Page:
My last post of the 2013 Lunar Year…
Vietnam is a highly homogeneous society. I’m reminded of this whenever I look in the mirror and see a white guy staring back at me. For those who are not Kinh, or ethnic Vietnamese, it’s pretty cut-and-dried. We look different and therefore are different.
There is a growing segment of Vietnamese, however, who are also outsiders in not-so-visible ways because of different life experiences that have taken them far from home and changed, if not transformed, them. For those who study overseas and return home there is always a period of readjustment and reverse culture shock. For many, this journey includes various emotions expressed by their fellow citizens ranging from admiration to jealousy to resentment.
I recently read a message from a young Vietnamese woman who graduated last year from a U.S. college and returned to Vietnam. Another Vietnamese told her that she should “connect with my own people” and not have a superiority complex because she was in the States, the assumption being that she had lost some of her “Vietnameseness” because of her overseas experience and felt superior to other Vietnamese because of that experience.
Rather than appreciating the fact that she had become bilingual and bicultural, that she had gained familiarity with and perhaps an affinity to some aspects of her host culture and that she now had multiple affiliations, the armchair critic’s cultural (read ethnocentric) antennae perked up when he detected something in her manner, speech or whatever that he deemed un-Vietnamese. Maybe he was projecting his own insecurity onto her or maybe he was simply expressing his own jealousy and resentment.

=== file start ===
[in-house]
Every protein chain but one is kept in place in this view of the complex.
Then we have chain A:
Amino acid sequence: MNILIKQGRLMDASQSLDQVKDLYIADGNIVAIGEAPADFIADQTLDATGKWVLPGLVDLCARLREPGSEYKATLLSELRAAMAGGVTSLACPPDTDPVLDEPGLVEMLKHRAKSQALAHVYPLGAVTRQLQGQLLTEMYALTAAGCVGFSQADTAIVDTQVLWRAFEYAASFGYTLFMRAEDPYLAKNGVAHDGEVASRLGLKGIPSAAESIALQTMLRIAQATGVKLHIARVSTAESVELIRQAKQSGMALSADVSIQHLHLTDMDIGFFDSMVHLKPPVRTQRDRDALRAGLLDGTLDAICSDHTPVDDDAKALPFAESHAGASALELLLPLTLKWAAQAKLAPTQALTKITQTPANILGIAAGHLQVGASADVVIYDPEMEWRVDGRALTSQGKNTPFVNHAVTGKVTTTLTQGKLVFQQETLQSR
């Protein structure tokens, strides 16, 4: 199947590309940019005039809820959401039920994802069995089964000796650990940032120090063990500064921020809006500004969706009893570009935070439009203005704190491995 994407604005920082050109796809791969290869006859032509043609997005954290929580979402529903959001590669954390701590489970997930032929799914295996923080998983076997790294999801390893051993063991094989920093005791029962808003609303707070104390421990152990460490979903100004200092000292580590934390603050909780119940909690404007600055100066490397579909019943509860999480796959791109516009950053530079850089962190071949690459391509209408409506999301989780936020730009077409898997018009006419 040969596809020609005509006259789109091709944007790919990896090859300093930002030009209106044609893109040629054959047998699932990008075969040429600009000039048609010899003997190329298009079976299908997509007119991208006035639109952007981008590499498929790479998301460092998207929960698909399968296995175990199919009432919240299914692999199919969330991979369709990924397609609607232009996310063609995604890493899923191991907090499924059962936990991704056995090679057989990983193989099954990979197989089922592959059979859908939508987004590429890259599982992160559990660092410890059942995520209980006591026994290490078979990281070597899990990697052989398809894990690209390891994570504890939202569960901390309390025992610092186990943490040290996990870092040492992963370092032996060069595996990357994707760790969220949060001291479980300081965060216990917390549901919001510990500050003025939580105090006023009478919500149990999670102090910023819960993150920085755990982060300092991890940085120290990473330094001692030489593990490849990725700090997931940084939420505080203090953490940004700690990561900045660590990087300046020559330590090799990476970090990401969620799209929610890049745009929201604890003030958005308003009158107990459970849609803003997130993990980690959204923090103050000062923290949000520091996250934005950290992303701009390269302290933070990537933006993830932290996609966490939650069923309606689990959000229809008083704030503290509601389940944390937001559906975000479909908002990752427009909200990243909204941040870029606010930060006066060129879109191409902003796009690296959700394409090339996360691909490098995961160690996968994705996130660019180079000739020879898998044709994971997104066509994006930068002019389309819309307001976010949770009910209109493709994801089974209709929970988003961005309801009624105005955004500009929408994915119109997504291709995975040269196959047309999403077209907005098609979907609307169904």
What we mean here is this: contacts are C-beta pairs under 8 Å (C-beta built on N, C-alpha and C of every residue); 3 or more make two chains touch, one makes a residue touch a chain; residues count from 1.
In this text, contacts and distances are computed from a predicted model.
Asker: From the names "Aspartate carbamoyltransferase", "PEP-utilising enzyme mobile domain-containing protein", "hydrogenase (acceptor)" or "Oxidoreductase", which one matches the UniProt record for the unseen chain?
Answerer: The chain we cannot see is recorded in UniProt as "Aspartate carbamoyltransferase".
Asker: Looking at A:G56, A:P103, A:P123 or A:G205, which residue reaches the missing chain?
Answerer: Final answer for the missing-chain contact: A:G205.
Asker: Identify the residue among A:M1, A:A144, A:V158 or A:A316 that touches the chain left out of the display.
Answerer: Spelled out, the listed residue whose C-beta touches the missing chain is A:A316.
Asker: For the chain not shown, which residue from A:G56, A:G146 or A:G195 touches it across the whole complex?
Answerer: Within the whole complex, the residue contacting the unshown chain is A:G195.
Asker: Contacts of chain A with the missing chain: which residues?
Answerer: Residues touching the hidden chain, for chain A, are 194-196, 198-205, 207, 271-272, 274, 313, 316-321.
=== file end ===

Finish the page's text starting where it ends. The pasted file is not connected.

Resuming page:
While the boundaries of what it means to belong (i.e., to be Vietnamese, in this case) are expanding with the country’s integration into the global community, they are still more narrowly defined than in many countries, including those in which tens of thousands of Vietnamese study. Given how long Vietnam was closed to the world and the nature of what it means to be Vietnamese vs. foreign, these comments are not likely to go by the wayside anytime soon. While they may contribute to the sense of alienation that is part and parcel of reverse culture shock, returnees can and probably should respond in kind, albeit diplomatically. Though it’s doubtful that they’ll change the mindset of their critic, it’s nevertheless an opportunity to educate and enlighten, and therefore worth a try.